Atlas day gecko (Quedenfeldtia trachyblepharus)

GenusQuedenfeldtia (1)
SizeSnout-vent length: up to 4 cm (2)
Tail length: up to 5.7 cm (2)

The Atlas day gecko is classified as Near Threatened (NT) on the IUCN Red List (1).

The Atlas day gecko (Quedenfeldtia trachyblepharus) is a small, high altitude lizard endemic to Morocco (3). All geckos are relatively small, soft-skinned and have a flattened body shape. Many geckos are noted for their climbing abilities, and the feet of many species are well-adapted for such forms of locomotion, with highly specialised pads on their toes which enable them to grip onto most surfaces (4).

The male and female Atlas day gecko are very different in appearance. The female is dark brown or grey, with dark stripes running the length of the body. The female may also occasionally have an irregular series of dark spots on the upper side of the body. The male is paler with a large quantity of red or dark brown spots, which are more abundant along the sides of the body and neck. Often, the underside of both sexes is yellowish-green, although it may sometimes be darker in the male, especially towards the front of the body (3).

Many geckos are able to produce a wide range of vocalisations, including chirps, clicks, growls and barks (4).

The Atlas day gecko is endemic to south-western Morocco where it is found in the Toubkal Massif and surrounding mountainous areas of the High Atlas Mountains (1) (3).

The Atlas day gecko is associated with montane rock faces and boulders close to water sources. Living at elevations between 1,200 and 4,000 metres (1), this species has one of the highest vertical distributions of any gecko (2).

A diurnal species (5), the Atlas day gecko hunts in the day and, like most other geckos, is likely to use a combination of visual and chemical cues to find its prey. As with other geckos, this species is likely to feed on insects and other small invertebrates (4).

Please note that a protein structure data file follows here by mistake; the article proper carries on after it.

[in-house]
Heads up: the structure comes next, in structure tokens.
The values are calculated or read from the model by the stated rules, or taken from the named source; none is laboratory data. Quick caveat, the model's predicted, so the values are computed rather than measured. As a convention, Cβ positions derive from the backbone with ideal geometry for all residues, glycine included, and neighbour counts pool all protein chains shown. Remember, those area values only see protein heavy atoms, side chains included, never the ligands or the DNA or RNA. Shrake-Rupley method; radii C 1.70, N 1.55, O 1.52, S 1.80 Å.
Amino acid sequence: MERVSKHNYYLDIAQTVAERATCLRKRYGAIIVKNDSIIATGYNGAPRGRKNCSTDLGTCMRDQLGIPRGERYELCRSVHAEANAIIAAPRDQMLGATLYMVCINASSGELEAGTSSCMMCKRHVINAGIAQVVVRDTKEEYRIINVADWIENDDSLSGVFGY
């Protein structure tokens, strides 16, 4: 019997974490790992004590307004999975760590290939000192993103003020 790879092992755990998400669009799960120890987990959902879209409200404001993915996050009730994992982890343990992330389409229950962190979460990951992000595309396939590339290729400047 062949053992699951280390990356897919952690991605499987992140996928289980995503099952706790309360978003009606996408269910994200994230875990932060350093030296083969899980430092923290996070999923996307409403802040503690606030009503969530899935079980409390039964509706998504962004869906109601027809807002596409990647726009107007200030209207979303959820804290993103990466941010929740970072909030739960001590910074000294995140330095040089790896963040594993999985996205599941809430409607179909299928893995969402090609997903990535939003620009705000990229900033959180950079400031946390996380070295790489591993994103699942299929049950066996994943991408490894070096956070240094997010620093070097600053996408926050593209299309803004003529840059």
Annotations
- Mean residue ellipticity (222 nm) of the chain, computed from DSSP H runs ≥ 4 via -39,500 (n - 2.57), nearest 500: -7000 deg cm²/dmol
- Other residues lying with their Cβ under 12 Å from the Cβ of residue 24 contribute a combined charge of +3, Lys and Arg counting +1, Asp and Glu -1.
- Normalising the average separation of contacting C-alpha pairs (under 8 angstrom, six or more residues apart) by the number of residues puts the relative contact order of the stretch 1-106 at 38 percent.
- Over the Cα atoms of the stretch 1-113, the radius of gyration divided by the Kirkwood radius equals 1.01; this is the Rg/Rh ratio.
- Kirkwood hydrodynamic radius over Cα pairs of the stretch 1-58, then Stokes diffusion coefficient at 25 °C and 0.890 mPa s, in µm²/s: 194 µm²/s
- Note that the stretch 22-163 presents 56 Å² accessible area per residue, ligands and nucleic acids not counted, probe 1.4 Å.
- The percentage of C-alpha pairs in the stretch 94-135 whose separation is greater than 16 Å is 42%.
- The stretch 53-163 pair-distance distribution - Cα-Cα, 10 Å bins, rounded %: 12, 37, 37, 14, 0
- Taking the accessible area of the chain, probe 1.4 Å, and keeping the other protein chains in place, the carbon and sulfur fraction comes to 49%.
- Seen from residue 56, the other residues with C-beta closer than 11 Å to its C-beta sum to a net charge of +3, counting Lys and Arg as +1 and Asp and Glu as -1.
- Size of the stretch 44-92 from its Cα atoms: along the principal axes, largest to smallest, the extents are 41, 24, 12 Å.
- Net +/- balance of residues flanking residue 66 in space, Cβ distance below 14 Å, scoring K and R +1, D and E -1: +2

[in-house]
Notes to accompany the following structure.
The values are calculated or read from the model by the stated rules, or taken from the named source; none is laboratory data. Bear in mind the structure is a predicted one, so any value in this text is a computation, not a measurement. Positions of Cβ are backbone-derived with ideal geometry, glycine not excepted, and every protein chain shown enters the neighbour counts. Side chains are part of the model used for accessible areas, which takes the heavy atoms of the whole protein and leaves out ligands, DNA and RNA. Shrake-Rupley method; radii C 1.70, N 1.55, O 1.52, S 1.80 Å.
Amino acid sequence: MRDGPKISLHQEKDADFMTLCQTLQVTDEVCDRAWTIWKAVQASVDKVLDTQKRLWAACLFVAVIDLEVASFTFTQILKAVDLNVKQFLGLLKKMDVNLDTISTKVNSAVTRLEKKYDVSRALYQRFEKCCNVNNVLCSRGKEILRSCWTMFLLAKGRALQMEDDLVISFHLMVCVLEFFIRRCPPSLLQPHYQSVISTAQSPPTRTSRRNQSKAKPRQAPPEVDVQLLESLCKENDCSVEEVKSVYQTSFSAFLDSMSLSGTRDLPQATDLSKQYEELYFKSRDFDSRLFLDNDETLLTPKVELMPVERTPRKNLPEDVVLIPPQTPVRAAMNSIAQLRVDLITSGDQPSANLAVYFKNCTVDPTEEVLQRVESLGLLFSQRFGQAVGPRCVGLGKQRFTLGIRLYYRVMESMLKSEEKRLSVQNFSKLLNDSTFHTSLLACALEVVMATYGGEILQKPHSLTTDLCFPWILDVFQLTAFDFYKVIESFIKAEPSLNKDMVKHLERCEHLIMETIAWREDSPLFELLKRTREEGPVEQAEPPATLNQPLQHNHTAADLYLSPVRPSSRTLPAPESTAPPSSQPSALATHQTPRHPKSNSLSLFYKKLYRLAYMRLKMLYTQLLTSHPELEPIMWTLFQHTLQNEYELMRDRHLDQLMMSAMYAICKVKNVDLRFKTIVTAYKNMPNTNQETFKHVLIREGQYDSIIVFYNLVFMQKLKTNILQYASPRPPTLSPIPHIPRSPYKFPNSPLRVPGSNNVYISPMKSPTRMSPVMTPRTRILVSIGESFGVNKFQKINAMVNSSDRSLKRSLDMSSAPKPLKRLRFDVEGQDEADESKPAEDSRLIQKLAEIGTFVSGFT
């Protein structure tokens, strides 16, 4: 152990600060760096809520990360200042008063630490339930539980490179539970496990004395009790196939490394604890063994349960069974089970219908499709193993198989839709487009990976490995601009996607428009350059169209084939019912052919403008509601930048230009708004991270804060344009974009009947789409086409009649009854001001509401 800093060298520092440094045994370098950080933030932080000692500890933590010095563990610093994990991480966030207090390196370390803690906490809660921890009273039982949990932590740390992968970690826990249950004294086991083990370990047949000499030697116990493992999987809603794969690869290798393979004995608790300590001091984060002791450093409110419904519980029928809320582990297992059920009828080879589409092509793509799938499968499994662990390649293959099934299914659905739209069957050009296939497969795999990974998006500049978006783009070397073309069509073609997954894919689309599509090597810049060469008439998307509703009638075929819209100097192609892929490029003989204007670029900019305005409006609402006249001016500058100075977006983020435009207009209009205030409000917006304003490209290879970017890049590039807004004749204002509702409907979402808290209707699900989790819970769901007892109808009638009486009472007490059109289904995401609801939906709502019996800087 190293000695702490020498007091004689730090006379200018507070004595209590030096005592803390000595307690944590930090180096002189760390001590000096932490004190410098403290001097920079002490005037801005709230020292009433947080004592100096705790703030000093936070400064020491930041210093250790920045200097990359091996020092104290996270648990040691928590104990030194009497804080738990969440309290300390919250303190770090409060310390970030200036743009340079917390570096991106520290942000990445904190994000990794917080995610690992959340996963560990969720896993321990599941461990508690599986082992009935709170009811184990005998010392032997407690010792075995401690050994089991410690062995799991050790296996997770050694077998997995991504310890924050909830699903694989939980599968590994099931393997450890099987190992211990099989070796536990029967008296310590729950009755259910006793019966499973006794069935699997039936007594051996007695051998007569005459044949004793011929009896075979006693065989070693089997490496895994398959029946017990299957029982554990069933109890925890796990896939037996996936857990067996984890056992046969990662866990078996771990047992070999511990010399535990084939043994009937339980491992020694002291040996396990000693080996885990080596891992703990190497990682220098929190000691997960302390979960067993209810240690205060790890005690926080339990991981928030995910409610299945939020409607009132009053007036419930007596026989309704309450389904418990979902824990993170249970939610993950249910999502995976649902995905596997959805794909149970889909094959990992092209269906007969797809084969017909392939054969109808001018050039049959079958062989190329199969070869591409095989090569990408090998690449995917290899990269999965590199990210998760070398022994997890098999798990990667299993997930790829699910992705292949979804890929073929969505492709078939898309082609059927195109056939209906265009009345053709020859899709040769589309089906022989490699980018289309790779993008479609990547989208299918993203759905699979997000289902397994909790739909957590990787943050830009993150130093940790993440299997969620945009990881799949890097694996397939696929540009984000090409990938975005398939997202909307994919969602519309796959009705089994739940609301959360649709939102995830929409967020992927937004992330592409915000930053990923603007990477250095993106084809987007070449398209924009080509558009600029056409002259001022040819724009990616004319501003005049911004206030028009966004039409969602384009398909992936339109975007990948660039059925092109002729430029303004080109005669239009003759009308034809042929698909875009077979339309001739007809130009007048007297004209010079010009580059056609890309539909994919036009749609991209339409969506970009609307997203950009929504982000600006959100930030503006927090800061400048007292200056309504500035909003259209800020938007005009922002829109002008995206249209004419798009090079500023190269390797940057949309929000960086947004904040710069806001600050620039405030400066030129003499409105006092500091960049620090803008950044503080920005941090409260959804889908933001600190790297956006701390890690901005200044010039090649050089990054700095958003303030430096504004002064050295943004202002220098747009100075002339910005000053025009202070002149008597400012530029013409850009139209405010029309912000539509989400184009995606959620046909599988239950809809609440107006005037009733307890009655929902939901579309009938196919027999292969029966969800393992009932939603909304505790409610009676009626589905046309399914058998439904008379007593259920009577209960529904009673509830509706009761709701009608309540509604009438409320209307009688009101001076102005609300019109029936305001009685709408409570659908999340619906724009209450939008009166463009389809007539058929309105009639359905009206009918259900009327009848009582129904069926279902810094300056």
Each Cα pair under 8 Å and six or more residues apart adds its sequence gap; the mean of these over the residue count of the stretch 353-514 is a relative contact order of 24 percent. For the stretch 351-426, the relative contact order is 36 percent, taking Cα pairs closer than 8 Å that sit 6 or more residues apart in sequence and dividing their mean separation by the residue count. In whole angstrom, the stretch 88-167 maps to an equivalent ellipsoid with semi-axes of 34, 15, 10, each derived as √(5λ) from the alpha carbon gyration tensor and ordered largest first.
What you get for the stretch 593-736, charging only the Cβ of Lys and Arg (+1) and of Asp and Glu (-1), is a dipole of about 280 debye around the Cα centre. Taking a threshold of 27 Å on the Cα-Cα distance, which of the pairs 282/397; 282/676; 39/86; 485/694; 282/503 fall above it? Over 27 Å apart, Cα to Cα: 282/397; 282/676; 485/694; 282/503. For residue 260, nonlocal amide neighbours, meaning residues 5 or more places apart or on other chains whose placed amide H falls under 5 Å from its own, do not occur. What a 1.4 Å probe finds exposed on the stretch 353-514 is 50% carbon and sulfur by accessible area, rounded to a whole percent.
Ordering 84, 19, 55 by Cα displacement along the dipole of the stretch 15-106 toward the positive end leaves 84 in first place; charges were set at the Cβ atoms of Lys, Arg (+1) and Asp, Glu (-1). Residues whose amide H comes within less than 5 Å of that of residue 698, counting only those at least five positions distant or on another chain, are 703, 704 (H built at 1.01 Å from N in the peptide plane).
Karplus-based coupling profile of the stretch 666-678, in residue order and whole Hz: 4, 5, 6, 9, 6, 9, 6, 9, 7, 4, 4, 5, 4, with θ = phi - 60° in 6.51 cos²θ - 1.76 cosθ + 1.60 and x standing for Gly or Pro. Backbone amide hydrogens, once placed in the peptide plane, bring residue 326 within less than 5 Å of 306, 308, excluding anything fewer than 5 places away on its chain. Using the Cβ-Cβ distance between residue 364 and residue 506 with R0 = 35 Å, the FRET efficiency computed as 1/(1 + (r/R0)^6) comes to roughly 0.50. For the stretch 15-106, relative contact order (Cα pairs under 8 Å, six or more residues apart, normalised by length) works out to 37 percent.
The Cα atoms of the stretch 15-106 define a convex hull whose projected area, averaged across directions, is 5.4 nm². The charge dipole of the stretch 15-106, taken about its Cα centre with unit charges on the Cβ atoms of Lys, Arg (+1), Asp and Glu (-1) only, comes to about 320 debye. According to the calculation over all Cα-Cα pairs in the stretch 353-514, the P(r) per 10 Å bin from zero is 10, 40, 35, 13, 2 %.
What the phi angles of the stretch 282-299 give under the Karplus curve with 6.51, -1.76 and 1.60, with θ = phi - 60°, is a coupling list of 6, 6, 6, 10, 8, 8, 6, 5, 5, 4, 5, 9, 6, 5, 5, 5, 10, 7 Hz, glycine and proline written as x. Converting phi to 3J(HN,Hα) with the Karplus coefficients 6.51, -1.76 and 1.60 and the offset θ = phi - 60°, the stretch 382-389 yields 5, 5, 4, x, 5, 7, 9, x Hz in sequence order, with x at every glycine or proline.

The female Atlas day gecko lays two to three clutches, each of a single egg (1), which is enclosed in a hard, calcareous shell (4). The eggs of this species are deposited in rock crevices (1).

The distribution of the Atlas day gecko is severely fragmented (1). However, there are not known to be any major threats to this species and its population is currently believed to be stable (1).

The Atlas day gecko occurs in a few protected areas within its range (1). However, there are no known specific conservation measures currently in place for this species.

Discover more about this species and reptile conservation:

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  1. IUCN Red List (November, 2011)
  2. Reptile Database - Quedenfeldtia trachyblepharus (November, 2011)
  3. Arnold, E.N. (1990) The two species of Moroccan day-geckoes, Quedenfeldtia (Reptilia: Gekkonidae). Journal of Natural History, 24: 757-762.
  4. Halliday, T. and Adler, K. (2002) The New Encyclopedia of Reptiles and Amphibians. Oxford University Press, Oxford.
  5. Röll, B. (2000) Carotenoid and retinoid - two pigments in a gecko eye lens. Comparative Biochemistry and Physiology - Part A: Molecular and Integrative Physiology, 125: 105-112.